Canyon was, as a matter of fact, the first redoubt which had to be taken in the course of this event. The best description that we can think of is just” Mud Bath.” Most of the failures occurred after the riders in question had got through the splash they carried so much of the mud through with them that they could not grip the moderately reasonable road surface which lay beyond, j. S. Wakelin (989 Harley-Davidson), G. Richardson (348 Raleigh), and A. B. Sparks (Scott), were amongst the successes, the first-named having equipped the driving wheel of his machine with a nonskid chain, and his outfit roared along like a tank at speed. W. Julian (Levis) also did well, and also H. R. B. Waters (499 Sunbeam), while passages of more or less satisfactory nature were made by H. L. Grimes (348 O.E.C. Blackburne), A. C. Godfrey (493 B.S.A.), R. B. Budd (348 A.J.S.), E. Wilkinson (596 Scott)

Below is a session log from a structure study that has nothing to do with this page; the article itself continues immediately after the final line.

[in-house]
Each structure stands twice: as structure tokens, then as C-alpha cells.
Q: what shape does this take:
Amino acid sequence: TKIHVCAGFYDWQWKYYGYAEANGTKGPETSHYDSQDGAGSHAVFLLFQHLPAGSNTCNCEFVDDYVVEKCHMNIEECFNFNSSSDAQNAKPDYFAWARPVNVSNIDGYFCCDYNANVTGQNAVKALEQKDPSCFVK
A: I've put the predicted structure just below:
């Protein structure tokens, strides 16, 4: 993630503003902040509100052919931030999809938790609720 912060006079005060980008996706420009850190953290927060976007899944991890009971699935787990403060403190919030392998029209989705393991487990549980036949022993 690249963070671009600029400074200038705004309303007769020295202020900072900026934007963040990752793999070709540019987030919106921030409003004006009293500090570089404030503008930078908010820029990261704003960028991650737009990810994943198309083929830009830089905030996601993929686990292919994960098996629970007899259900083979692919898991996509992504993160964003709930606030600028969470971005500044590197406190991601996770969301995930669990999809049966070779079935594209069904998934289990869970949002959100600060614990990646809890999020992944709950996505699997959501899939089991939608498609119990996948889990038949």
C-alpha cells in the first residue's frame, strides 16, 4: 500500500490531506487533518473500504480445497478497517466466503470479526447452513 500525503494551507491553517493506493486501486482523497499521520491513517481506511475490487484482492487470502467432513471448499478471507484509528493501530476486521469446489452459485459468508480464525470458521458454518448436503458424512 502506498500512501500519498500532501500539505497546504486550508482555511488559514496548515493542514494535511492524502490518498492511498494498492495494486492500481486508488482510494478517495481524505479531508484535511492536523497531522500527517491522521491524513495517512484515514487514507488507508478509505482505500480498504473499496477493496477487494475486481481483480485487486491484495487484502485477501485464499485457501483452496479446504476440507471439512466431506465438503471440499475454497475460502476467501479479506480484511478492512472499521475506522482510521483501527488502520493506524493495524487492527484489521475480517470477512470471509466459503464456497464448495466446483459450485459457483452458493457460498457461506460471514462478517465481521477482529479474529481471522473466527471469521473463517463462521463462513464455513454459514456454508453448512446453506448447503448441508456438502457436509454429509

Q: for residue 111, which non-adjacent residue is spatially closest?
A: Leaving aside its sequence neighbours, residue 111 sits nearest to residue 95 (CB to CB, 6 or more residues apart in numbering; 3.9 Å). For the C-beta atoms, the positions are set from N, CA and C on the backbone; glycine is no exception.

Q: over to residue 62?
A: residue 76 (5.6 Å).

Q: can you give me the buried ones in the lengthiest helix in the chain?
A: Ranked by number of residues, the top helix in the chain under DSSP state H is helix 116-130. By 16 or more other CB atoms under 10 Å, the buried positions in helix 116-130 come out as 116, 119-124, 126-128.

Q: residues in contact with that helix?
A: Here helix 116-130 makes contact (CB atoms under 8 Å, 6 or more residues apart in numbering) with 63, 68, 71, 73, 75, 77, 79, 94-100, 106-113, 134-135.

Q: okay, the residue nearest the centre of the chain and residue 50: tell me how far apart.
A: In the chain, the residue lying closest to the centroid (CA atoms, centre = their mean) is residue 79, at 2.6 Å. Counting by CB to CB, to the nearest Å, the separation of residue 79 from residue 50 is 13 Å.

A. E. Cooke (346 Rudge)—very late, incidentally—G. Kuhn (249 Velocette), F. S. Bailey (77o B.S.A. sc.), L. V. Freeman (976 Sunbeam se.), R. L. Richardson (996 Matchless sc.), E. J. Over (989 Harley-Davidson sc.), L. Heller (249 Velocette) and E. C. Lunniss (976 Matchless sc.).

Floating Motor Cycles.

The Canyon was not more or less than a foretaste of what was to follow, and the next obstacle was more difficult. A stretch of road had enough in all conscience, on account of its surface, had been carefully hidden under water—just how the Camberley Club are able to influence the weather to aid them in their nefarious designs is not known—and through this a variety of machines were part pedalled, part driven, part carried, and part floated by their unfortunate riders. This part of the journey was best covered by Gus Kuhn, but other good performances were put up by J. A. Middleton, H. R. B. Waters, H. L. Grimes, and E. Wilkinson.

“Twin Rise” Hill was approached through a mud hole of uncertain but considerable depth. The hill itself was easy as to its first part, but the second proved anything but a twin to it, and called for considerable skill in its negotiation. Grimes, Budd, Wilkinson, Godfrey, Lunniss, and Cooke were again conspicuous, Budd perhaps taking the palm.